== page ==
If not for George and his authoritative voice, I might be a teacher of ESL (English as a Second Language) today instead of a writer. I was more than halfway there. I’d completed all my theoretical classes at Seattle University and most of my practical coursework at their affiliate in Ballard.
I was also well on my way to becoming a published author. I’d earned an MFA in Creative Writing from Vermont College of Fine Arts, and I’d had a few short stories published.
Now that I was home after a couple of decades accompanying my husband overseas without a work visa of my own, I felt I should have a real job. I liked to write, but writing wasn’t … you know … a real job.
I was conflicted.
One afternoon I mentioned my situation to George. My husband, Eugene, and I were in Issaquah having a drink with George and his wife in their lovely apartment. Afterward we would have dinner at George’s favorite local restaurant, Shanghai Garden. The chef would come to our table and ask if we wanted something that wasn’t on the menu, and George would suggest a special Dungeness crab dish.
George hadn’t lived in Issaquah long, but he already had friends in both high and low places. Making friends and contacts was a natural trait for him and also a habit developed during his early years as a reporter for the South China Morning Post and then as editor for the Asia Magazine.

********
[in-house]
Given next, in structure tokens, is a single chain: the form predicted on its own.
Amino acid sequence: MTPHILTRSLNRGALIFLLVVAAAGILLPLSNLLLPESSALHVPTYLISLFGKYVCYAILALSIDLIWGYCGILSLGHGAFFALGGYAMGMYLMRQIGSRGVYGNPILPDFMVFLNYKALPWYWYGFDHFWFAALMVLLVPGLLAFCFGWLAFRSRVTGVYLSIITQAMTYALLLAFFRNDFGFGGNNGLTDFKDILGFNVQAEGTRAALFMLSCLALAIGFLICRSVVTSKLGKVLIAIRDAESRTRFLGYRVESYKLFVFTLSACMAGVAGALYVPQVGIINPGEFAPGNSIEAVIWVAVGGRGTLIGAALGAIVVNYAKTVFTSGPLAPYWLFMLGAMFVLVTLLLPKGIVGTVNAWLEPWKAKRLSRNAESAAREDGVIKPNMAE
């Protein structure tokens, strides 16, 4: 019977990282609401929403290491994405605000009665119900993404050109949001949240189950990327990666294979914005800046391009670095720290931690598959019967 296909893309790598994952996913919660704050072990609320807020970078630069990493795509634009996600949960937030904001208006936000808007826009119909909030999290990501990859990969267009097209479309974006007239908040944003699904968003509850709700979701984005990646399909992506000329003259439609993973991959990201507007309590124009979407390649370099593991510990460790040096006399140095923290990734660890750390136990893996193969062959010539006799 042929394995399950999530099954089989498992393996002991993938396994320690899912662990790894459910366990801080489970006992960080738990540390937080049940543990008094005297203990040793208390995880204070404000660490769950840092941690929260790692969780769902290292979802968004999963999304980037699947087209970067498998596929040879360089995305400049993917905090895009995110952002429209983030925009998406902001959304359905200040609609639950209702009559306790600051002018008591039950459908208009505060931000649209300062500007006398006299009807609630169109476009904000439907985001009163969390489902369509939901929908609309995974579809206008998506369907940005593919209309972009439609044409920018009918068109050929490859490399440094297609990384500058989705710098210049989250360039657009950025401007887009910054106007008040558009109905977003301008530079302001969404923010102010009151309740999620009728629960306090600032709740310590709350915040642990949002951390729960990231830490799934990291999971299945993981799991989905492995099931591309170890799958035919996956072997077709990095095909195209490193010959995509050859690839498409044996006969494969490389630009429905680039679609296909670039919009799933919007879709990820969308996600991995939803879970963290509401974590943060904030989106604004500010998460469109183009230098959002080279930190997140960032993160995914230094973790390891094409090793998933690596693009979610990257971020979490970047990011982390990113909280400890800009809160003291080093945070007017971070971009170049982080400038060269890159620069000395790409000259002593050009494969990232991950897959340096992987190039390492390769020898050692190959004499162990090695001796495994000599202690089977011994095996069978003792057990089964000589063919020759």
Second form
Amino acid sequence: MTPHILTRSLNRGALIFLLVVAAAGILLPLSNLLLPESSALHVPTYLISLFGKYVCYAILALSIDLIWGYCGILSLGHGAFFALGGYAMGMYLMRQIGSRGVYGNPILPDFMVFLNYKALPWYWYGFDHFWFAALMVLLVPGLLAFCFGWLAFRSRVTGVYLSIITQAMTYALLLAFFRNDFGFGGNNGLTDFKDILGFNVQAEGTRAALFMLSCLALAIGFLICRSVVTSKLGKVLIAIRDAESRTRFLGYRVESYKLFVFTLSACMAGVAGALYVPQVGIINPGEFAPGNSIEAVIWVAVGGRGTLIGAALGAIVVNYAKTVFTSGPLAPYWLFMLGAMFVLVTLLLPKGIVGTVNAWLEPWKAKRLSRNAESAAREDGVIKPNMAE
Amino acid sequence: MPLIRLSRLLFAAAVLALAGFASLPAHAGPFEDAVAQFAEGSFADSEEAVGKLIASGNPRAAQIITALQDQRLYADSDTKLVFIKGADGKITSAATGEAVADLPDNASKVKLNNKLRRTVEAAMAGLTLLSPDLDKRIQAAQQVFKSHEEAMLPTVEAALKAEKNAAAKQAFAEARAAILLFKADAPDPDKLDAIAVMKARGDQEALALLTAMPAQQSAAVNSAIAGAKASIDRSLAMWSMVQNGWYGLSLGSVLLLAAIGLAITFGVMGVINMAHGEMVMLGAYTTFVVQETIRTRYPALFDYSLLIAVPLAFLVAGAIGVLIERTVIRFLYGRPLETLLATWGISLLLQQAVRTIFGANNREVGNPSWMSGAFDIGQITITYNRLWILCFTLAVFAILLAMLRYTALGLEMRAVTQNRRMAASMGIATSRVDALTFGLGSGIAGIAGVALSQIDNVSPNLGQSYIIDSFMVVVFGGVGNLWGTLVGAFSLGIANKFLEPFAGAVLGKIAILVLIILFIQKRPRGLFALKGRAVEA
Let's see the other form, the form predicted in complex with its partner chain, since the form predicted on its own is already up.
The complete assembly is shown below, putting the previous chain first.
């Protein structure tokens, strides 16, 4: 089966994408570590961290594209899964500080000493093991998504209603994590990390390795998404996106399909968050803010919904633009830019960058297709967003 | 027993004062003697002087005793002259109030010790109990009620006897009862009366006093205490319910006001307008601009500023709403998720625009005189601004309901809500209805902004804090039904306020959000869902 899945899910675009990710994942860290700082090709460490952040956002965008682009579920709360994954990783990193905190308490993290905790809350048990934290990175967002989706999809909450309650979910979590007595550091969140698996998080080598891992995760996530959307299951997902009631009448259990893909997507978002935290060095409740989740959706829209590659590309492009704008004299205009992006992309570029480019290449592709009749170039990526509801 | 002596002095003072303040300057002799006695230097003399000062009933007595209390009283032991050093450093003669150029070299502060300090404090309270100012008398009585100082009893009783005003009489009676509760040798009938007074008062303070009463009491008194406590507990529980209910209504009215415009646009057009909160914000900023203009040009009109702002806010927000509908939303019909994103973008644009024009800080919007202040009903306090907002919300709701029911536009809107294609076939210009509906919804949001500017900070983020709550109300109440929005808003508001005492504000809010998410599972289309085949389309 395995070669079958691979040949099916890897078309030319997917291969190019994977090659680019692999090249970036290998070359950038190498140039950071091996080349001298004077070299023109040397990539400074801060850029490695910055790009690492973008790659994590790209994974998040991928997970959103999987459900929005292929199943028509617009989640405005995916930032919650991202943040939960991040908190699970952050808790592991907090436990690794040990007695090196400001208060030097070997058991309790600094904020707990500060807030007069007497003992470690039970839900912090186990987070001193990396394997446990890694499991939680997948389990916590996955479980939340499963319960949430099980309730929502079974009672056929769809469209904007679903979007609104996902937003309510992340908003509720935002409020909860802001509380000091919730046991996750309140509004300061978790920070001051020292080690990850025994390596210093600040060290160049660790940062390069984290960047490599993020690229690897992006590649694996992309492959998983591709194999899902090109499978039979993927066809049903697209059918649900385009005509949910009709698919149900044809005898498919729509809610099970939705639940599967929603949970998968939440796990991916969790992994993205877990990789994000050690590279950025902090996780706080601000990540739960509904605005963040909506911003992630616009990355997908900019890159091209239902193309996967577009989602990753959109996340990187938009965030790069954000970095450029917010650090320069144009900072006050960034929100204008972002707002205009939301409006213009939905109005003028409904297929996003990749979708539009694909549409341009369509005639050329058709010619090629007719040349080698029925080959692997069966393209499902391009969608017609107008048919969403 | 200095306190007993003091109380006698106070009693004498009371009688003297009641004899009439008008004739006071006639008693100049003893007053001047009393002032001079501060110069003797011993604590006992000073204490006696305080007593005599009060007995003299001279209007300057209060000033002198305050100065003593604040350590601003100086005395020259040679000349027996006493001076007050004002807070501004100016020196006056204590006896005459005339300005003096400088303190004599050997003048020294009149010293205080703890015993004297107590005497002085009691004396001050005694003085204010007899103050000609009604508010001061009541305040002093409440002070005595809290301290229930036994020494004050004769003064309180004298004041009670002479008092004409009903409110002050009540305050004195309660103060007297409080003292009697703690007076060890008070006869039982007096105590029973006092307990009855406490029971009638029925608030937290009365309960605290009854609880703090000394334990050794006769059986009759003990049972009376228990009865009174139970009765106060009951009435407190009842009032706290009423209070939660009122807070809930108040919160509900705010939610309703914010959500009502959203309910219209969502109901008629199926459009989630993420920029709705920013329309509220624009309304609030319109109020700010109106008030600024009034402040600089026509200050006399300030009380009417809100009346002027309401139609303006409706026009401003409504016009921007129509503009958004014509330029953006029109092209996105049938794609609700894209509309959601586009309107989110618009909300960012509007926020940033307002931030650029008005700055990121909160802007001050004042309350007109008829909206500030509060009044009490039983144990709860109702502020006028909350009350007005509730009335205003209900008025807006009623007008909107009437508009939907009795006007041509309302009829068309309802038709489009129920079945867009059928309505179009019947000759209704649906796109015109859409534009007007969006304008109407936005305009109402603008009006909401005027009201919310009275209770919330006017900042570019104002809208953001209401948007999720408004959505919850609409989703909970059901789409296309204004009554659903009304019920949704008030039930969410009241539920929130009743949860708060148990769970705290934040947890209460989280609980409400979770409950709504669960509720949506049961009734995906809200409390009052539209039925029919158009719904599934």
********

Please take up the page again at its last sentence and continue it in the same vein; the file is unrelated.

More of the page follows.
Giving his scotch a swirl, George turned to me and asked about my writing.
“My writing?” I paused to sip my rum and coke—an indecisive drink if ever there was one … a depressant poured into a stimulant. “I’m thinking of getting a job as an ESL teacher,” I said.
He cocked his head and narrowed his eyes. And somehow his one sentence response became a turning point for me.
Why? What gave him such an authoritative voice in my personal decision?
Maybe it was the persuasive timber of his voice. George had been a print journalist, but he had a voice that could have made him just as successful on TV.
It was more than his tone of voice though. His absolute confidence gave him power. George never used words and phrases like “maybe” or “kind of” or “I guess.” He had a way with words, a journalist’s knack for convincing his audience that he knew exactly what he was talking about and that what he had to say was worth listening to.
So when George placed his scotch on the coffee table and paused dramatically before telling me what he thought, his comment was bound to make a deep impression. “Nicki,” he said in his most authoritative voice. “Anyone can be an ESL teacher.” Though I didn’t believe for a minute that just anyone can be a successful ESL teacher, I knew what he meant. He thought I should devote myself to writing.
And George’s words made all the difference. He had an authoritative voice. And besides … those words were exactly what I wanted to hear.